Skip to main content

The Epigenetics Revolution – Nessa Carey ****

There have been lots of popular science books about genetics and evolution, and that’s fine – but there really hasn’t been anywhere near enough coverage of epigenetics, which is why Nessa Carey’s book is so welcome. Over the last 30 years or so it has become increasingly obvious that the idea of genes coding for proteins – the basic concept of genetics – is only a starting point for the way DNA acts to provide control software for the body’s development. There is also RNA that is coded by ‘junk’ DNA and the way genes can be switched on and off by various external factors – all together this is far more than genetics alone. This is epigenetics.
Without doubt this is a fascinating subject, and Carey provides plenty of examples of how epigenetics effects our development, our diseases and the way we inherit characteristics. I was genuinely surprised and delighted by many of the revelations. This is really significant stuff, that hasn’t made its way into many of the popular science genetics titles. What’s more Carey’s style is highly approachable and readable. I was convinced part way through the book that this was going to be a five star, top book.
To be honest, the only reason it’s not five star is the nature of the beast. (Okay, I did find Carey’s hero worship of a handful of key biologists a little irritating, but that wouldn’t have influenced the rating.) I’m reminded of Richard Feynman’s comment when studying biology because his physics work wasn’t taking up enough of his time. He was giving a presentation to his classmates, I think on the nervous system of a cat, and started by drawing a ‘map’ of the cat and giving the names of all the relevant components. He was told he didn’t need to tell them all these names, because they were required to learn them. No wonder, concluded Feynman, it took so long to get a biology degree – so much of it was memorizing names, unlike physics, which was much about working out what was happening and required relatively little memorizing.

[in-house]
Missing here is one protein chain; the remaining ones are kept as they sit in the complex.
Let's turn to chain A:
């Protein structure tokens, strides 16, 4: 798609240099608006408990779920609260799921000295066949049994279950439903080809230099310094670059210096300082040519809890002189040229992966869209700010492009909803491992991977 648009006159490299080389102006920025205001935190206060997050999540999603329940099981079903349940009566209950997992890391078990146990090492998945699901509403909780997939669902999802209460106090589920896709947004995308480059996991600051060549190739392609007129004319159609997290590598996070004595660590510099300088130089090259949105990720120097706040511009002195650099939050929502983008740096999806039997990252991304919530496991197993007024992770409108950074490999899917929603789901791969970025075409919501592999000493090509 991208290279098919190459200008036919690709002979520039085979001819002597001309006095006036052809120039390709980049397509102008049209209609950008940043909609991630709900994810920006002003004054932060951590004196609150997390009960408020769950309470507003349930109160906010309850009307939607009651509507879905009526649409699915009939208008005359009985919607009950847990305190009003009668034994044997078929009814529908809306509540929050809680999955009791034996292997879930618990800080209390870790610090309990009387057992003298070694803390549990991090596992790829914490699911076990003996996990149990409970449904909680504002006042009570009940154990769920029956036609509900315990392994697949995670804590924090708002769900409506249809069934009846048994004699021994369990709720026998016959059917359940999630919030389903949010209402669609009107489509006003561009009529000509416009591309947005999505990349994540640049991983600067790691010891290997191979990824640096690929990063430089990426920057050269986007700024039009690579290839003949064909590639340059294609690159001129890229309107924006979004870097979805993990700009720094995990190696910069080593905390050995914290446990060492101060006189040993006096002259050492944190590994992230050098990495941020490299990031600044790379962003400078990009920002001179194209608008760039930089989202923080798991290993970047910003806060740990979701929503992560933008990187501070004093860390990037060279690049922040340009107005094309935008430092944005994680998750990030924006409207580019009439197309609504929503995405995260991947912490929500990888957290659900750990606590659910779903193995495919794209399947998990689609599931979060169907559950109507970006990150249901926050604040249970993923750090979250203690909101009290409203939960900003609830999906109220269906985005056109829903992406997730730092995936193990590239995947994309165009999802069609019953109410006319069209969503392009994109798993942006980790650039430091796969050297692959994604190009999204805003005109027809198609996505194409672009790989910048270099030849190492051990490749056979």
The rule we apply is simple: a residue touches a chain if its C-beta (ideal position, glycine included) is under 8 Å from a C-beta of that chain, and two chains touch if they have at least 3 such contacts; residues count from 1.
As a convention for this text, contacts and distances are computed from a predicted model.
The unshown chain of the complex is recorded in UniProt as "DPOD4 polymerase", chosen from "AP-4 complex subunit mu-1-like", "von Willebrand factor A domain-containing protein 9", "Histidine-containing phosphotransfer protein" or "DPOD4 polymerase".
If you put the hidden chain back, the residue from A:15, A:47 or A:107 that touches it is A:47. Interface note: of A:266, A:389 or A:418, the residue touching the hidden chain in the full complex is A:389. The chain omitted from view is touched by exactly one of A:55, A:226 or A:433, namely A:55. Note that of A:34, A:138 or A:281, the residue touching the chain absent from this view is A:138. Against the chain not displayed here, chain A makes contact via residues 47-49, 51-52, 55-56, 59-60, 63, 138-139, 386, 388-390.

What I found in Carey’s book was I was getting swamped with all the names of different genes and proteins and goodness knows whats. Some of the pages are dense with these, and after a while I found my eyes bouncing off them. I’d rather she had told us a lot fewer names (you can always, as Feynman pointed out, look them up) and concentrated on the processes and understanding of what’s happening. But, as I say, this is not so much her fault as the nature of biology.
Overall, then, despite occasional parts you might find yourself skipping through, this is a truly eye-opening and exciting book on an important and under-reported topic. For some reason so many books on human biology concentrate on emotions and morality and other aspects on the edge of brain science – it was great to find a book that really took us back to basics, but in a new way.

Paperback 

Kindle 
Review by Brian Clegg

Comments

Popular posts from this blog

Superior - Angela Saini *****